Events Calendar

GLC Seminar: Advances in Lithography-based 3D Printing of Hydrogels

Tuesday, April 23, 2024
3:30 pm - 4:30 pm

Location: GLT 5.104

Lithography-based biofabrication techniques are being used to engineer structured hydrogels towards biomedical applications, including for tissue repair. Examples include digital light processing (DLP) and volumetric additive manufacturing (VAM), where spatial control over light exposure guides the conversion of photo-reactive resins. DLP is a layer-by-layer approach that requires non-viscous resins for processing, whereas VAM is an emerging rapid 3D method where a vial containing a viscous reactive resin and photoinitiator rotates as it is exposed to light (405 nm) with continuous changes in the projection pattern. Our overall goals are to engineer new resins and to increase the compatibility of these methods with current resins, to expand the available hydrogel materials that can be processed using lithography. For DLP, we have engineered new resins to obtain printed materials with controlled moduli, hydrolytically-degradable behaviors, or that exhibit tough properties, using approaches such as new reactive macromer design (e.g., norbornene HA from carbic anhydride) or the engineering of one-step double networks, respectively. DLP-printed hydrogels are being applied to the engineering of in vitro tissue models (e.g., cardiac applications). Further, we have recently developed methods that increase chain entanglement with DLP methods to produce stiff and tough hydrogels. This approach is being leveraged to engineer structured and patterned tissue adhesives. Towards VAM printing, we developed an approach that utilizes sacrificial gelation that (i) modulates the viscosity of resins to allow for VAM printing of reactive macromers and (ii) allows suspension bath extrusion printing and then VAM printing to pattern multi-material resins that can then be processed into multi-material hydrogel constructs. Overall, these new approaches will advance the use of photocrosslinkable hydrogels for biomedical applications.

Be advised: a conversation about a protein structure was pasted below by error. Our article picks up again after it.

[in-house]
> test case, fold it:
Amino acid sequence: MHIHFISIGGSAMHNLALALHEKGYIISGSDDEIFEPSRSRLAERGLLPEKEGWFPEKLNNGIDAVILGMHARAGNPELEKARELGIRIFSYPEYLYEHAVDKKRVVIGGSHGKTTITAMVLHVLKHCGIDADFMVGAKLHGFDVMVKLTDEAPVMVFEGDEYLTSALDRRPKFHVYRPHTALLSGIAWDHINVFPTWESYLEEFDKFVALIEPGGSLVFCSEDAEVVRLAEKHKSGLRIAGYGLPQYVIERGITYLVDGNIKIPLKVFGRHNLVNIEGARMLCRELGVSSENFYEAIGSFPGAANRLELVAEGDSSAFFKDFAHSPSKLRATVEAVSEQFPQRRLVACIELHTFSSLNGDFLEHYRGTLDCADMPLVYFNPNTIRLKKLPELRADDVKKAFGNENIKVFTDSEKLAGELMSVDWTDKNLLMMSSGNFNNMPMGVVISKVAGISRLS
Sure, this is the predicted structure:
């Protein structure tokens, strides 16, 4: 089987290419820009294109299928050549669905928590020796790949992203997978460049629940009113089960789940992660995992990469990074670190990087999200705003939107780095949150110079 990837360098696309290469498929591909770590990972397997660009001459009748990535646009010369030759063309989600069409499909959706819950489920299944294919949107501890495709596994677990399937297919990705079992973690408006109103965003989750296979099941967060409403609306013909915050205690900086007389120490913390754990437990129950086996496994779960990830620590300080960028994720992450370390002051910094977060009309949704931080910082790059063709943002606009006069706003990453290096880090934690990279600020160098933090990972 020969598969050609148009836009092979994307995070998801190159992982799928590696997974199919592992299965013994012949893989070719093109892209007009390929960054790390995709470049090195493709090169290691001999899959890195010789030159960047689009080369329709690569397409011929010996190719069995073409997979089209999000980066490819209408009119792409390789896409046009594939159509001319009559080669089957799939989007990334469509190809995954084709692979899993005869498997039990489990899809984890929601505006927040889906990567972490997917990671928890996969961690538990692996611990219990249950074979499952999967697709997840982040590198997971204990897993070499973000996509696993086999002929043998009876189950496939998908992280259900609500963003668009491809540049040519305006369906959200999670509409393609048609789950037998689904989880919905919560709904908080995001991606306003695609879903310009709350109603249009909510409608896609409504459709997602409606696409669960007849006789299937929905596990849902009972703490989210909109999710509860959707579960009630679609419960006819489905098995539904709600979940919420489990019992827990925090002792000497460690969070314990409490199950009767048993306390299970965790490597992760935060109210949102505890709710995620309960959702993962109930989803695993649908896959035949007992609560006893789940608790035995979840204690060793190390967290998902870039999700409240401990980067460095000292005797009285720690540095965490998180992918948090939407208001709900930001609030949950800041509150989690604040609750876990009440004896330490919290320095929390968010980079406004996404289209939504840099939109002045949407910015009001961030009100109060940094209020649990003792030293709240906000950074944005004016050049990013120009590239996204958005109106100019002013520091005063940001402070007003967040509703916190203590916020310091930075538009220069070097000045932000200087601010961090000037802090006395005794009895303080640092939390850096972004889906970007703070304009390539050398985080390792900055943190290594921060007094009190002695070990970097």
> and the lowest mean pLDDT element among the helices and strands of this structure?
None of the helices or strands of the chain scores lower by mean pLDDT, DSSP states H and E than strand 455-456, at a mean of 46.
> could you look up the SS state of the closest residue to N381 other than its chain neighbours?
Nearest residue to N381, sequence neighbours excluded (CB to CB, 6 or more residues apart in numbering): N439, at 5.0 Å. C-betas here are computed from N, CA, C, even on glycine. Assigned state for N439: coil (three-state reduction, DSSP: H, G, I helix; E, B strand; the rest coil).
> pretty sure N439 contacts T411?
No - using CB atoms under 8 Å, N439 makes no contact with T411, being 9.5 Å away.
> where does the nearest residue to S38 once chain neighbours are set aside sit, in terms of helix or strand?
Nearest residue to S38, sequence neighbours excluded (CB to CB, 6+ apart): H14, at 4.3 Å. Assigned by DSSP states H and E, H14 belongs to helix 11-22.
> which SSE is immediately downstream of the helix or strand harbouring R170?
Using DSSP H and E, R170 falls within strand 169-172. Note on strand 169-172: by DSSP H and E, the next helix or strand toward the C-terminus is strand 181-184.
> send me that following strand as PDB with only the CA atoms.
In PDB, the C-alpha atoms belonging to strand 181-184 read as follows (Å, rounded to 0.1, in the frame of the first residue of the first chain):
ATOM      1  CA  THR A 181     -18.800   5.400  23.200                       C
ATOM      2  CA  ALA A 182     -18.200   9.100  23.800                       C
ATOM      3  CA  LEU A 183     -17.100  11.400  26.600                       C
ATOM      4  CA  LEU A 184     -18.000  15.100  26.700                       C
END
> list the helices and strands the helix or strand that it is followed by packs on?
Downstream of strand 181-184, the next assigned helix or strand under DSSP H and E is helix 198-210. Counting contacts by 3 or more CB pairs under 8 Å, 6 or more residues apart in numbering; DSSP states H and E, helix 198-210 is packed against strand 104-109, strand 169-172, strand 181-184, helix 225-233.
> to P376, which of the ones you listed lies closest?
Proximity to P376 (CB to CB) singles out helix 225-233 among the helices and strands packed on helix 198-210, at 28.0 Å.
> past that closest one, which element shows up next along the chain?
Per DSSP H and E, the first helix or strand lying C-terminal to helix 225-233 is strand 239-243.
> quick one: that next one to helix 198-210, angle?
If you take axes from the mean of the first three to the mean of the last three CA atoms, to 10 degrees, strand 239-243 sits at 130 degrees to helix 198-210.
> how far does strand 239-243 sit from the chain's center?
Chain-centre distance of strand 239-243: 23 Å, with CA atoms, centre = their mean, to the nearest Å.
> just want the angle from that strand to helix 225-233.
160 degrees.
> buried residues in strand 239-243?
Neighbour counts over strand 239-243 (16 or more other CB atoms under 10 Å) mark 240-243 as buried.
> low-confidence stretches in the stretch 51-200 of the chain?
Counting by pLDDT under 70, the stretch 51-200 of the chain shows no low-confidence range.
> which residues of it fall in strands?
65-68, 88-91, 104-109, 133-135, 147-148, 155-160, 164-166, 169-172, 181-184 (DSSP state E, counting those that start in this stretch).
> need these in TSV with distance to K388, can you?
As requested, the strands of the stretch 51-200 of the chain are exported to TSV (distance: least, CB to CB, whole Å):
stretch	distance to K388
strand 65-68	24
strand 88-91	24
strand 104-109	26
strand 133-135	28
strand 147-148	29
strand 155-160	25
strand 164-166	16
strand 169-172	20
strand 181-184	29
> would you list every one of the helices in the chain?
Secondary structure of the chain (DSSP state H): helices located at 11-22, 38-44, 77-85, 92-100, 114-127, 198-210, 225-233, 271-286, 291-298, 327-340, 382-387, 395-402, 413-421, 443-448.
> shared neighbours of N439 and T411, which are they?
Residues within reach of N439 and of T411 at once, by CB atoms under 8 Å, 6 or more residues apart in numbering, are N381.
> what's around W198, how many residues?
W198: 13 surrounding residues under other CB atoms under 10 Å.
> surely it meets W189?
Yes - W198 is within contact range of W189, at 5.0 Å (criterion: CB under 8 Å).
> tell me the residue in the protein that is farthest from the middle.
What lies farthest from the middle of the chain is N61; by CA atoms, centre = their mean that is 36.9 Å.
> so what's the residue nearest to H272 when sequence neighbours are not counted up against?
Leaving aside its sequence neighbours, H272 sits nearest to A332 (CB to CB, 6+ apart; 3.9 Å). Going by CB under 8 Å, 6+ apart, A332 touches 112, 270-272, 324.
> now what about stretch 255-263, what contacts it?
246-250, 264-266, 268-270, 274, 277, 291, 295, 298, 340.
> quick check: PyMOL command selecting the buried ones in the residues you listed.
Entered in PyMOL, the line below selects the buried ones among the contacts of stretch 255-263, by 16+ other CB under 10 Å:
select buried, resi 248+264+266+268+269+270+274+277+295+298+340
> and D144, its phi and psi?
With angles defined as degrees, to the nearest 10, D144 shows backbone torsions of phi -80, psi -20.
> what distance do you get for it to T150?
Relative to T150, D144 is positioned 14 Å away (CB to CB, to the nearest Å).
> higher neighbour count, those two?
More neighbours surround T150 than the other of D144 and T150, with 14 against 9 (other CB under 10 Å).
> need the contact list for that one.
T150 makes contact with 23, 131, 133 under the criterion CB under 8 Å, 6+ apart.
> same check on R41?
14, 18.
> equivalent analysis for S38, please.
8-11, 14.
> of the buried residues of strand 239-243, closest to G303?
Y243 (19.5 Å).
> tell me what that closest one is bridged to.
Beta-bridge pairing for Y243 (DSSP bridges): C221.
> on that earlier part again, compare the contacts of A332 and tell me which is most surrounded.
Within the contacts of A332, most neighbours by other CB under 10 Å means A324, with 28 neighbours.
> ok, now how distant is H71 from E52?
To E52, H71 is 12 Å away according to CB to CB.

Jason A. Burdick, PhD is the Bowman Endowed Professor in the BioFrontiers Institute and Department of Chemical and Biological Engineering at the University of Colorado Boulder. He spent his academic career in the Department of Bioengineering at the University of Pennsylvania from 2005 to 2021 before moving his group to Boulder in 2022. Dr. Burdick’s research involves the design of new biomaterials that can be processed through fabrication methodologies to meet the needs of medicine, ranging from translational therapeutics to tissue models.  Jason currently has over 320 peer-reviewed publications and he is on the editorial boards of Journal of Biomedical Materials Research A, Biofabrication, Advanced Healthcare Materials, Advanced NanoBiomed Research, and International Journal of Bioprinting. He has been recognized through numerous awards such as a Packard Fellowship in Science and Engineering, an American Heart Association Established Investigator Award, and the Clemson Award for Basic Science through the Society for Biomaterials. Jason has also been elected as a Fellow of the American Institute for Medical and Biological Engineering, to the International College of Fellows of Biomaterials Science and Engineering, as a Fellow of the National Academy of Inventors, and as an International Fellow of The Canadian Academy of Engineering. He has founded several companies to translate the technology from his laboratory into clinical therapeutics.

Speaker: Dr. Jason Burdick, Univ. of Colorado